If you have a home office, you should make yourself aware of the conditions that must be met before it can be claimed as a business expense. Firstly, any space in your home you wish to use as an office space should be designated for business purposes. Additionally, it is expected that you will spend a minimum of 50% of your business time within this space. If your home office meets this criteria, you will want to consider claiming a portion of your housing costs, such as heating, electricity, insurance, and even property taxes as a business expense. If you live in a rental property, a portion of any rental costs and maintenance fees may be considered a business expense. The recommended way to calculate the portion of costs you intend to claim is to divide the area you have designated to be your workspace by total area of finished rooms in your residence. Maintenance costs may also be claimed, but it would be best to limit any maintenance claims to work that is done within the work space.

When you are ready to file your taxes, it’s important to note that these expenses can only be used to deduct taxes that were contributed from business activities conducted within these workspaces. If you are finding that your claim exceeds the amount of taxes that you can deduct, don’t worry: you may be able to carry the expenses forward and use them next year.

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There are some OLD tax saving ideas which are really great to use and should be taken advantage of to drop taxable income. Some of these ideas we are quite familiar with but do not always take full advantage of.

RRSP's can be purchased until March 2, 2015 and can save you quite a bit of money especially if you are in the higher tax brackets. Then when you retire and are in the lower tax bracket it is a good way to pay yourself with lower tax. IF you find yourself still in the higher tax bracket when you retire, come to talk to us as we offer great ideas of what to do with your RRSP contributions after age 65 but before 70 in order to withdraw RRSP income and not lose your old age pension due to clawback.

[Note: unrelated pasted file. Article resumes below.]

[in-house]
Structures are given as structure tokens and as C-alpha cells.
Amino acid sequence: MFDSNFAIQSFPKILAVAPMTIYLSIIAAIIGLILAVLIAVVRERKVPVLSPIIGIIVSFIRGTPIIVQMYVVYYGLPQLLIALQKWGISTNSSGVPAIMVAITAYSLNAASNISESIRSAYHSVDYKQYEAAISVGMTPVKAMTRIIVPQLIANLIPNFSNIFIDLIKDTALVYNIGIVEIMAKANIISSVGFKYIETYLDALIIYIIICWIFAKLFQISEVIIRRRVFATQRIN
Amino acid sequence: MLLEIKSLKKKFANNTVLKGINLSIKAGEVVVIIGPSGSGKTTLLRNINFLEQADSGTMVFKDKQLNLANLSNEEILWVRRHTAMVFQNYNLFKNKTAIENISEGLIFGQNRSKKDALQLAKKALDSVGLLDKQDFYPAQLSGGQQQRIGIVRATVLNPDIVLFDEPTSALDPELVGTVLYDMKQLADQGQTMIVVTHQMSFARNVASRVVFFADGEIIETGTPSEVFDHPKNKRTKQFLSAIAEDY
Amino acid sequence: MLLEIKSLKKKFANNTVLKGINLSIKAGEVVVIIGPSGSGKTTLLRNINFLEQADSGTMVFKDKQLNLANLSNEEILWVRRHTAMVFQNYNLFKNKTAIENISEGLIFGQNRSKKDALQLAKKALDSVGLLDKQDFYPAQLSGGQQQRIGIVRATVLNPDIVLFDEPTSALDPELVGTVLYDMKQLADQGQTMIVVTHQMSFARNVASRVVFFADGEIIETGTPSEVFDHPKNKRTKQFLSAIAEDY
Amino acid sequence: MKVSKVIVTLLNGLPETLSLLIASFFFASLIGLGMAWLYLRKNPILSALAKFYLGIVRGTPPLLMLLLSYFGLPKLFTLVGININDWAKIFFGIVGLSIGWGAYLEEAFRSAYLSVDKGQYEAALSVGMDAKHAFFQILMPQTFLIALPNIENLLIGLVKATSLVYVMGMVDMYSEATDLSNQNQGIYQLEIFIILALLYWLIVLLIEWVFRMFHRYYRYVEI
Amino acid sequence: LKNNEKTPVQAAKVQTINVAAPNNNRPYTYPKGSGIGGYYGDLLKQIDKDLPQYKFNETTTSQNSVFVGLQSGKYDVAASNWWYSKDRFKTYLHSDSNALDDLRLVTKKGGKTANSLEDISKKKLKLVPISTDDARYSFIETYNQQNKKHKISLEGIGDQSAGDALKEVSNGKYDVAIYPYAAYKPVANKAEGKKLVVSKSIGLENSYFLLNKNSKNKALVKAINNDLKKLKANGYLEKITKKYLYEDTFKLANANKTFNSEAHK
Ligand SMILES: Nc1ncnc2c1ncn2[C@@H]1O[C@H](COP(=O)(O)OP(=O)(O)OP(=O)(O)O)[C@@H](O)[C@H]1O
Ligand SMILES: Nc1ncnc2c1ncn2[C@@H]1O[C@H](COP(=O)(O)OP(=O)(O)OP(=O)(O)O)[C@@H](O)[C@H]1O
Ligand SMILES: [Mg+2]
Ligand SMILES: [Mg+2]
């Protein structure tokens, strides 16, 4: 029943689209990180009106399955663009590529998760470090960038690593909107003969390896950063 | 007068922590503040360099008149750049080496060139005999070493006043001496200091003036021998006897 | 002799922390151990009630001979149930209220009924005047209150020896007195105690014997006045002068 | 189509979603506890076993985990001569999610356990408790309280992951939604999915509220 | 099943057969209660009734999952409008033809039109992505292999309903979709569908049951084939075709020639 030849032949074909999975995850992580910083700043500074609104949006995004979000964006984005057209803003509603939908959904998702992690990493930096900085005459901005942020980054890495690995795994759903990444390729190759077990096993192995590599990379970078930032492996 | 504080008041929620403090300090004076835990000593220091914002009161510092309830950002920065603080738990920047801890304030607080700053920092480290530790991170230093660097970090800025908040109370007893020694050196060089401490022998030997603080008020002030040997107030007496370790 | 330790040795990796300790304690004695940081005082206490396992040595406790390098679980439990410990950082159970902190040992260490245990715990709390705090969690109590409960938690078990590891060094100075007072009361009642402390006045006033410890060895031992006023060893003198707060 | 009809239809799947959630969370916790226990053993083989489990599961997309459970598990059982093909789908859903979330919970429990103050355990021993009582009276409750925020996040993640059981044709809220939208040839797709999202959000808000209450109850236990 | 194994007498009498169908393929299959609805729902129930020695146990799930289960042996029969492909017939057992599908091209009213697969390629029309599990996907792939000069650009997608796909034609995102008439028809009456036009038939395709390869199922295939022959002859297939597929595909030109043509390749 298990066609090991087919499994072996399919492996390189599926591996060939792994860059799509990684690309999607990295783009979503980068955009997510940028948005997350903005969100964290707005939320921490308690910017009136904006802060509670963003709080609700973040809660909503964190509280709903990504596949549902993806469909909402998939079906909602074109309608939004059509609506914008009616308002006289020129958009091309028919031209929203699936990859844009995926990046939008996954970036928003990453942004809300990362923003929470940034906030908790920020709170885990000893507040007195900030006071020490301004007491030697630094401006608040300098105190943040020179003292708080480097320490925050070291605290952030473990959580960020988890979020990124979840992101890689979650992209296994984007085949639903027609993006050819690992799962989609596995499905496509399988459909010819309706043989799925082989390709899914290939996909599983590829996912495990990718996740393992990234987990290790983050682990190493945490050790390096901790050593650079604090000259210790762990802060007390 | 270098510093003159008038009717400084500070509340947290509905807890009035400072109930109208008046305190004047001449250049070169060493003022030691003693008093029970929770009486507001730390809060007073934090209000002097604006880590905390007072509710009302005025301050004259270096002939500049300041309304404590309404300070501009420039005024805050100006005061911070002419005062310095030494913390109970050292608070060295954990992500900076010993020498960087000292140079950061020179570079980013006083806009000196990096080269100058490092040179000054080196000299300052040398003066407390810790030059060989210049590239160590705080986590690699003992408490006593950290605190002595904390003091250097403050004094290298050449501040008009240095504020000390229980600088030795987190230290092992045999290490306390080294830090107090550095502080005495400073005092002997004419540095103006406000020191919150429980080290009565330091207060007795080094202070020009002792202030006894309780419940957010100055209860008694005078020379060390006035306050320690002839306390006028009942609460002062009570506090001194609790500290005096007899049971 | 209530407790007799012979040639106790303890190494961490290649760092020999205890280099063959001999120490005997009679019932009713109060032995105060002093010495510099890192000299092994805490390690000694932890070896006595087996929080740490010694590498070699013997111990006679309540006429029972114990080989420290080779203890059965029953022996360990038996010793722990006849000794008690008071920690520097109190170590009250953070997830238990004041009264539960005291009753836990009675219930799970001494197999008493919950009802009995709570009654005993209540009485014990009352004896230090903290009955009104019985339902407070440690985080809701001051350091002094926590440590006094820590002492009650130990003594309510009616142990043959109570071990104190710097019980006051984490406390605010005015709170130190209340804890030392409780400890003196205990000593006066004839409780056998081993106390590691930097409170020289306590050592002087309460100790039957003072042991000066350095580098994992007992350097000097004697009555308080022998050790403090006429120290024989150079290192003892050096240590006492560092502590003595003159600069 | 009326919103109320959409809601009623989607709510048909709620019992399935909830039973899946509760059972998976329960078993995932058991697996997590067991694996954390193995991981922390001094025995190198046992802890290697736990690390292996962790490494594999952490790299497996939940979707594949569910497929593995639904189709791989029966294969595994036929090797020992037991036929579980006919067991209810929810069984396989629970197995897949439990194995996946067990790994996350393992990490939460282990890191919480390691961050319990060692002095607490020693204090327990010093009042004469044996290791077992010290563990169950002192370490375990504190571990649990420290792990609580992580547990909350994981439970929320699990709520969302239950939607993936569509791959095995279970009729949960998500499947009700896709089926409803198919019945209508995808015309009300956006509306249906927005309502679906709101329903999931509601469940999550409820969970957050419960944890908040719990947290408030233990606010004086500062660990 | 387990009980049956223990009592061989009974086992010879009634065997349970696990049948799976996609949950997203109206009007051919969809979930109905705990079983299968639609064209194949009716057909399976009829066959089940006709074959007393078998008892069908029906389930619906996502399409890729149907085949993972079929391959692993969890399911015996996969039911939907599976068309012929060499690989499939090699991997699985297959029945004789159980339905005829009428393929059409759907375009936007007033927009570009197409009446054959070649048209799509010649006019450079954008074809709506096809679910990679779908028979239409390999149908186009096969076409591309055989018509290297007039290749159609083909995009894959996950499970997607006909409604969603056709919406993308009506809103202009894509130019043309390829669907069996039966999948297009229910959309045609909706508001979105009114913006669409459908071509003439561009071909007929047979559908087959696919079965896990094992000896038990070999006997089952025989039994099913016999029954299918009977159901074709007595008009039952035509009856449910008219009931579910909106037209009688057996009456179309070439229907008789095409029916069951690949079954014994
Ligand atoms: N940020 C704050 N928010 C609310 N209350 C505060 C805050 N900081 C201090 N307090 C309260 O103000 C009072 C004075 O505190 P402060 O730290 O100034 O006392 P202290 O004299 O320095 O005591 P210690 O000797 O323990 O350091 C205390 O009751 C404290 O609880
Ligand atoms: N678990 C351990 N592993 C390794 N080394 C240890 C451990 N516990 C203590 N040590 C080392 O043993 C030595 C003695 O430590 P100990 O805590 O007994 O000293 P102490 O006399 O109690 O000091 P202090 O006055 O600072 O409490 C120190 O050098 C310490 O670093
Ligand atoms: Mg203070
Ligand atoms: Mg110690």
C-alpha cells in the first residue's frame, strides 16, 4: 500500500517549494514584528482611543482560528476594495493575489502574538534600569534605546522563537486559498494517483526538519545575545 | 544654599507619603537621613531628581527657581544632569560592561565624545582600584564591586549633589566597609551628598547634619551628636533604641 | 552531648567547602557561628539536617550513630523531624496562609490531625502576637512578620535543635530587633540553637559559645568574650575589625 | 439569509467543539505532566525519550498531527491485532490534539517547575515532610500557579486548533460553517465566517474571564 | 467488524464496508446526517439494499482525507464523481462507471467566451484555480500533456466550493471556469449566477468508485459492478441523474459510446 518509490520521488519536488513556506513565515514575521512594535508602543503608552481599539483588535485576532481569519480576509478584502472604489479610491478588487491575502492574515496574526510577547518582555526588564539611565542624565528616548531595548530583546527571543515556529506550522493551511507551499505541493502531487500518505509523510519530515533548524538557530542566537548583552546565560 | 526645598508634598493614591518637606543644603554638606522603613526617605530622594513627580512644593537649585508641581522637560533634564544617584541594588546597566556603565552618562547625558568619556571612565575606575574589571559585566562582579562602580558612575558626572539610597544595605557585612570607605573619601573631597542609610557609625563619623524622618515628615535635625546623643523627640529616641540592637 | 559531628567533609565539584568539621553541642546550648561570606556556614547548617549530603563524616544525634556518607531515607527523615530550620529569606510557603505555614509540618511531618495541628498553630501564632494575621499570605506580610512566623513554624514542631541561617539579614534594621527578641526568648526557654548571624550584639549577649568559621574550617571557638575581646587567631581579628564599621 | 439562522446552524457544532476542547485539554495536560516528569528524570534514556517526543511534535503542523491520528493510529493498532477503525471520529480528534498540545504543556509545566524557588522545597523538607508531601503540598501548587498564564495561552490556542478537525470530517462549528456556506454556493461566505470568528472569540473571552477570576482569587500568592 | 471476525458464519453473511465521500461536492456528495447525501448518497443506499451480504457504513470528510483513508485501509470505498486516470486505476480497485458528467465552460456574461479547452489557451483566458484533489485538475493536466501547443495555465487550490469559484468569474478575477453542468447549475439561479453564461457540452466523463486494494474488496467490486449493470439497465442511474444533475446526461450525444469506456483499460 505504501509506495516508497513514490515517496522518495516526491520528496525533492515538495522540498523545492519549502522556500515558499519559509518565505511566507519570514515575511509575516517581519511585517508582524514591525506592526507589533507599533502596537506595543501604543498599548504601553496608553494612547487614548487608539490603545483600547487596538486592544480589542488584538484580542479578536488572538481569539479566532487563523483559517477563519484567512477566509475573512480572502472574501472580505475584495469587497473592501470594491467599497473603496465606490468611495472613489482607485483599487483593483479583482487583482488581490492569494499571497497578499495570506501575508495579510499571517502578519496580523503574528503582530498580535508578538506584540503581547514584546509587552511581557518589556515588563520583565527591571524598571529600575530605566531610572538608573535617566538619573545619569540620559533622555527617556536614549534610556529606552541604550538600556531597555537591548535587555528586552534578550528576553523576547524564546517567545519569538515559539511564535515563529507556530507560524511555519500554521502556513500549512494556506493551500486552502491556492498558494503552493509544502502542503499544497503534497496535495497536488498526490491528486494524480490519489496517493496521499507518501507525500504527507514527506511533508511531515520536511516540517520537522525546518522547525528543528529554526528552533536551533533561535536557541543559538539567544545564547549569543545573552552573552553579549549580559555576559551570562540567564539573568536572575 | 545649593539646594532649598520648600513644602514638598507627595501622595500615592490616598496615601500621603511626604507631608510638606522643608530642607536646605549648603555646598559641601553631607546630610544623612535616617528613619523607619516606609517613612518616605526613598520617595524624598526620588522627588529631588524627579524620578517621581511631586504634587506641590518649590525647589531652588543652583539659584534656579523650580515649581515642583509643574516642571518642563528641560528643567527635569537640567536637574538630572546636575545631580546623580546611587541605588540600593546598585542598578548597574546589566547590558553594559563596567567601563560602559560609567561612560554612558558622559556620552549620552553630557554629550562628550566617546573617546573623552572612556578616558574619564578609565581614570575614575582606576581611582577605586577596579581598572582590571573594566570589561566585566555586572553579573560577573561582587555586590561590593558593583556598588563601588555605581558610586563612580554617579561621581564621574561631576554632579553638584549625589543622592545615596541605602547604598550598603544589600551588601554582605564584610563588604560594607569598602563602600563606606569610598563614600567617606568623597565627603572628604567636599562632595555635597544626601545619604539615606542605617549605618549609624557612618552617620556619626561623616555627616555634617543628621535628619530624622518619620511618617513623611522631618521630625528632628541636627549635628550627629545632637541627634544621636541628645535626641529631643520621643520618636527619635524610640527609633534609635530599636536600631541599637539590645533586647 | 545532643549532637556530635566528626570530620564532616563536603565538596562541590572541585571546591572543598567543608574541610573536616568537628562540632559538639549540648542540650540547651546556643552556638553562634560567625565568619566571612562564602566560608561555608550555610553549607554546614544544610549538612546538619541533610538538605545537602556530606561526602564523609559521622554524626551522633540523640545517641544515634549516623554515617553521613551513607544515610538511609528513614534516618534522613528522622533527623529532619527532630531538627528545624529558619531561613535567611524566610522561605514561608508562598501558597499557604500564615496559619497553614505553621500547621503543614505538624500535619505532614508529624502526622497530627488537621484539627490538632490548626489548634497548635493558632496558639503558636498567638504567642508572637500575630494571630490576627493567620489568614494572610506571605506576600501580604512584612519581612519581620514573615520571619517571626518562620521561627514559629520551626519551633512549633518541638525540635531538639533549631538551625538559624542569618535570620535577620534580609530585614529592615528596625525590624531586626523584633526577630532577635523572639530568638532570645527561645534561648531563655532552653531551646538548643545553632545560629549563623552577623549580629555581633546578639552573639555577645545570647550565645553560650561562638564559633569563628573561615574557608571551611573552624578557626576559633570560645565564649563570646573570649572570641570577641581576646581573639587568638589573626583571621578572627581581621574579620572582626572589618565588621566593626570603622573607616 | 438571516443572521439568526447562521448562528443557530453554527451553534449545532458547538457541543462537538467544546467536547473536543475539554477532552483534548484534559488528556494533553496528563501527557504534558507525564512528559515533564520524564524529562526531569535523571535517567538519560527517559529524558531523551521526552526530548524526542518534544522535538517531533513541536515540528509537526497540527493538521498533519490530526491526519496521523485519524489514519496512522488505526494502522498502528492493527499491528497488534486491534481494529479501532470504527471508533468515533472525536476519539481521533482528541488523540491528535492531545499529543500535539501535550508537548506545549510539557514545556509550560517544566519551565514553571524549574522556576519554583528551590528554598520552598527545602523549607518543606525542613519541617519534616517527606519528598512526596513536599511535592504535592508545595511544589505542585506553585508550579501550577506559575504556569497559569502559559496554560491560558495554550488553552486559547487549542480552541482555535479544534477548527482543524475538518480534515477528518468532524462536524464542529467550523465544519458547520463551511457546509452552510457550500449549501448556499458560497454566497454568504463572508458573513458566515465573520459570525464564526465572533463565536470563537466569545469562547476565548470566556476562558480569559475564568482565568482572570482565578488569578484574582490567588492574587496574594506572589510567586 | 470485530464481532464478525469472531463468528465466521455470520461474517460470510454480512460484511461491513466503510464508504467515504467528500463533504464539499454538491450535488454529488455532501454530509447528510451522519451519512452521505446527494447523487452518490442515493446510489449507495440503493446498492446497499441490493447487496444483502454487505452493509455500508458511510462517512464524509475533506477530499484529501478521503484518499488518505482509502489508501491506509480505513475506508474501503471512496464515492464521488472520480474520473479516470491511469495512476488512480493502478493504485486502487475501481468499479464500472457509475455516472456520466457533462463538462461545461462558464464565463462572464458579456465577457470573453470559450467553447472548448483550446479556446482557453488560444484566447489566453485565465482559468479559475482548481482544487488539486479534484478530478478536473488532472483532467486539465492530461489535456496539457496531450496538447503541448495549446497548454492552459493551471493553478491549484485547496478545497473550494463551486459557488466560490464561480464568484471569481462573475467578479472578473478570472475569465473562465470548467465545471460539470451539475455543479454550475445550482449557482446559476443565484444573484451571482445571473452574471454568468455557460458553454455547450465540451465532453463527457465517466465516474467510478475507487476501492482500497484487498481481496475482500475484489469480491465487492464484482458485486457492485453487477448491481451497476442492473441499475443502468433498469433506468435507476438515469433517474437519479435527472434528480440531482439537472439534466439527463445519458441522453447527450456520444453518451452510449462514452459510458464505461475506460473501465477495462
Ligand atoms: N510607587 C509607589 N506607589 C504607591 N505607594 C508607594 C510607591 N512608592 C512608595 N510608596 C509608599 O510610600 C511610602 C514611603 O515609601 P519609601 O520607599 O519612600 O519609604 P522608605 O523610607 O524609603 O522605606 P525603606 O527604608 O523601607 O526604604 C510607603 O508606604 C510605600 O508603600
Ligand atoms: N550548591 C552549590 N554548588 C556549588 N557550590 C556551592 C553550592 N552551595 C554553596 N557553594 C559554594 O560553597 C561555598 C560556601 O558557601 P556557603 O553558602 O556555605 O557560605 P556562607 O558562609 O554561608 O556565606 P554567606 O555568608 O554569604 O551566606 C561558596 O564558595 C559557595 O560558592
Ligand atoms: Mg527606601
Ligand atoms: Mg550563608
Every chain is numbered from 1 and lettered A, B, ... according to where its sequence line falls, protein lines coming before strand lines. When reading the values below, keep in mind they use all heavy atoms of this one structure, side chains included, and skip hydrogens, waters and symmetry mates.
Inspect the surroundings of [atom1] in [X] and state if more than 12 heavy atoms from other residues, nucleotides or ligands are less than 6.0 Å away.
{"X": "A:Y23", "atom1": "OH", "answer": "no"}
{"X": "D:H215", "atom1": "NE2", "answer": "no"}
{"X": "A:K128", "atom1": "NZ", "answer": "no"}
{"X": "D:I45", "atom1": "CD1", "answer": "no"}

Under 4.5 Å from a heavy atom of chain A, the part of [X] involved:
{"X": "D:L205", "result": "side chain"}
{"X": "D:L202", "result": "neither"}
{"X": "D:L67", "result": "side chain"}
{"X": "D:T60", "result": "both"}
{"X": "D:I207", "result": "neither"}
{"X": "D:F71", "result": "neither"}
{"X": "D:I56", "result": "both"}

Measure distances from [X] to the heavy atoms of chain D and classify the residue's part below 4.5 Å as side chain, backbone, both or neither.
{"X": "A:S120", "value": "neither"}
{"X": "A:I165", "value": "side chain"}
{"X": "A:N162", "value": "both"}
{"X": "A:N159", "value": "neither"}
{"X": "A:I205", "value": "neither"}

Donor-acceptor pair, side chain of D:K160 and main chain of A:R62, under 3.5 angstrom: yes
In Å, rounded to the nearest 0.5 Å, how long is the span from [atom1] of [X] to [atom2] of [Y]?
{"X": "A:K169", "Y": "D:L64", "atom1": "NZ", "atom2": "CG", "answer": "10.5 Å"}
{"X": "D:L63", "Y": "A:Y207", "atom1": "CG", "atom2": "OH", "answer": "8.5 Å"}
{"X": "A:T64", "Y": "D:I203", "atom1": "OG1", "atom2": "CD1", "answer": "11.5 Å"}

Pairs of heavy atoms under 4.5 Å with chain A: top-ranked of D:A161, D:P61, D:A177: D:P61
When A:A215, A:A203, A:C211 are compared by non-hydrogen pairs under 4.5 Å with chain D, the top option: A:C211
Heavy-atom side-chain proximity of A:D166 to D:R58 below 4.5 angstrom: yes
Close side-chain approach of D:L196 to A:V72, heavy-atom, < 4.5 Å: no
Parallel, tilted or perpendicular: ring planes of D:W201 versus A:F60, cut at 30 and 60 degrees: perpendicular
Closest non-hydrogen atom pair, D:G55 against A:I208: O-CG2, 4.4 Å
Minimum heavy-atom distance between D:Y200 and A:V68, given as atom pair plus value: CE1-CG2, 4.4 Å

TSFA's are also great ideas of saving money, they do not reduce your taxable income the same way RRSP's do. But they are a good way to save and the interest from these are tax free. If you need more information on TSFA's come talk to us, we are here to help you.

A NEW great tax credit introduced for this year that you should look into is called FAMILY TAX CUT, The October 30, 2014 announcement included a proposal to introduce the Family Tax Cut, a new non-refundable tax credit of up to $2,000 for eligible couples with minor children. Basically you can now income split up to $50,000 with your spouse, provided you have minor children. This is very advantageous for the family where the income levels between spouses are great. This is definitely something to check out if you fall into this criteria.

We are here to help, just either give us a call and/or fill out our form online.

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The Importance of reporting ALL income from information slips

This penalty consists of a 10% Federal, and 10% Provincial amounts. Whereas some penalties are applied against the uncalculated tax, this penalty is applied to the unreported income. If you voluntarily tell CRA about an amount you forgot to report, they may waive this penalty.

For Example, John filed his 2008 tax return early and hadn't received all of his T slips yet. After he filed, he received a T5 slip reporting $3.50 in interest income and didn't bother to request an adjustment because he thought the amount was trivial. The CRA then reassessed his return later to include the unreported income with no further issues. When John filed his tax return in 2010 however, he had forgotten about and then failed to report $2000 of RRSP monies he had withdrawn for his RRSP when he was tight for cash earlier in the year. When the CRA reassessed his 2010 return to include the unreported income, John was charged a $400.00 penalty, $200.00 Federal and $200.00 Provincial for repeated failure to report income plus interest.This effectively taxed his current income at over 60% due to his negligence in reporting $3.50 two years earlier! Another scarier way to look at it, is tax at over 10,000% on the original $3.50!

The moral of the story is that no matter how trivial, always report income included on income tax information slips.

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Foreign Asset Reporting and the Extreme Costs of Non-Compliance

Unfortunately the penalties for not completing this form are extreme as one large Canadian Corporation group found recently when a judge ruled against the Asper group of companies. Penalties for non filing were enforced even though the company reported all the income from these investments properly.

So what is this form and why is it required? As has been reported in the press both here in Canada and south of the border, governments are concerned with offshore money escaping taxes in the home country. As a resident of Canada and most other western countries, you are taxed on world wide income. This form is simply to track those assets offshore which have the potential to earn income and otherwise escape tax if not reported.

Canada Revenue Agency requires Canadian resident taxpayers to report specified foreign property with an aggregate cost in excess of $100,000 at any time during the year.

Specified properties include the following:

  • Foreign bank accounts
  • Interest in foreign trusts (mutual funds)
  • Foreign bonds, treasury bills and other debt instruments
  • Shares in foreign corporations
  • Real estate
  • Other income earning property

Excluded properties include: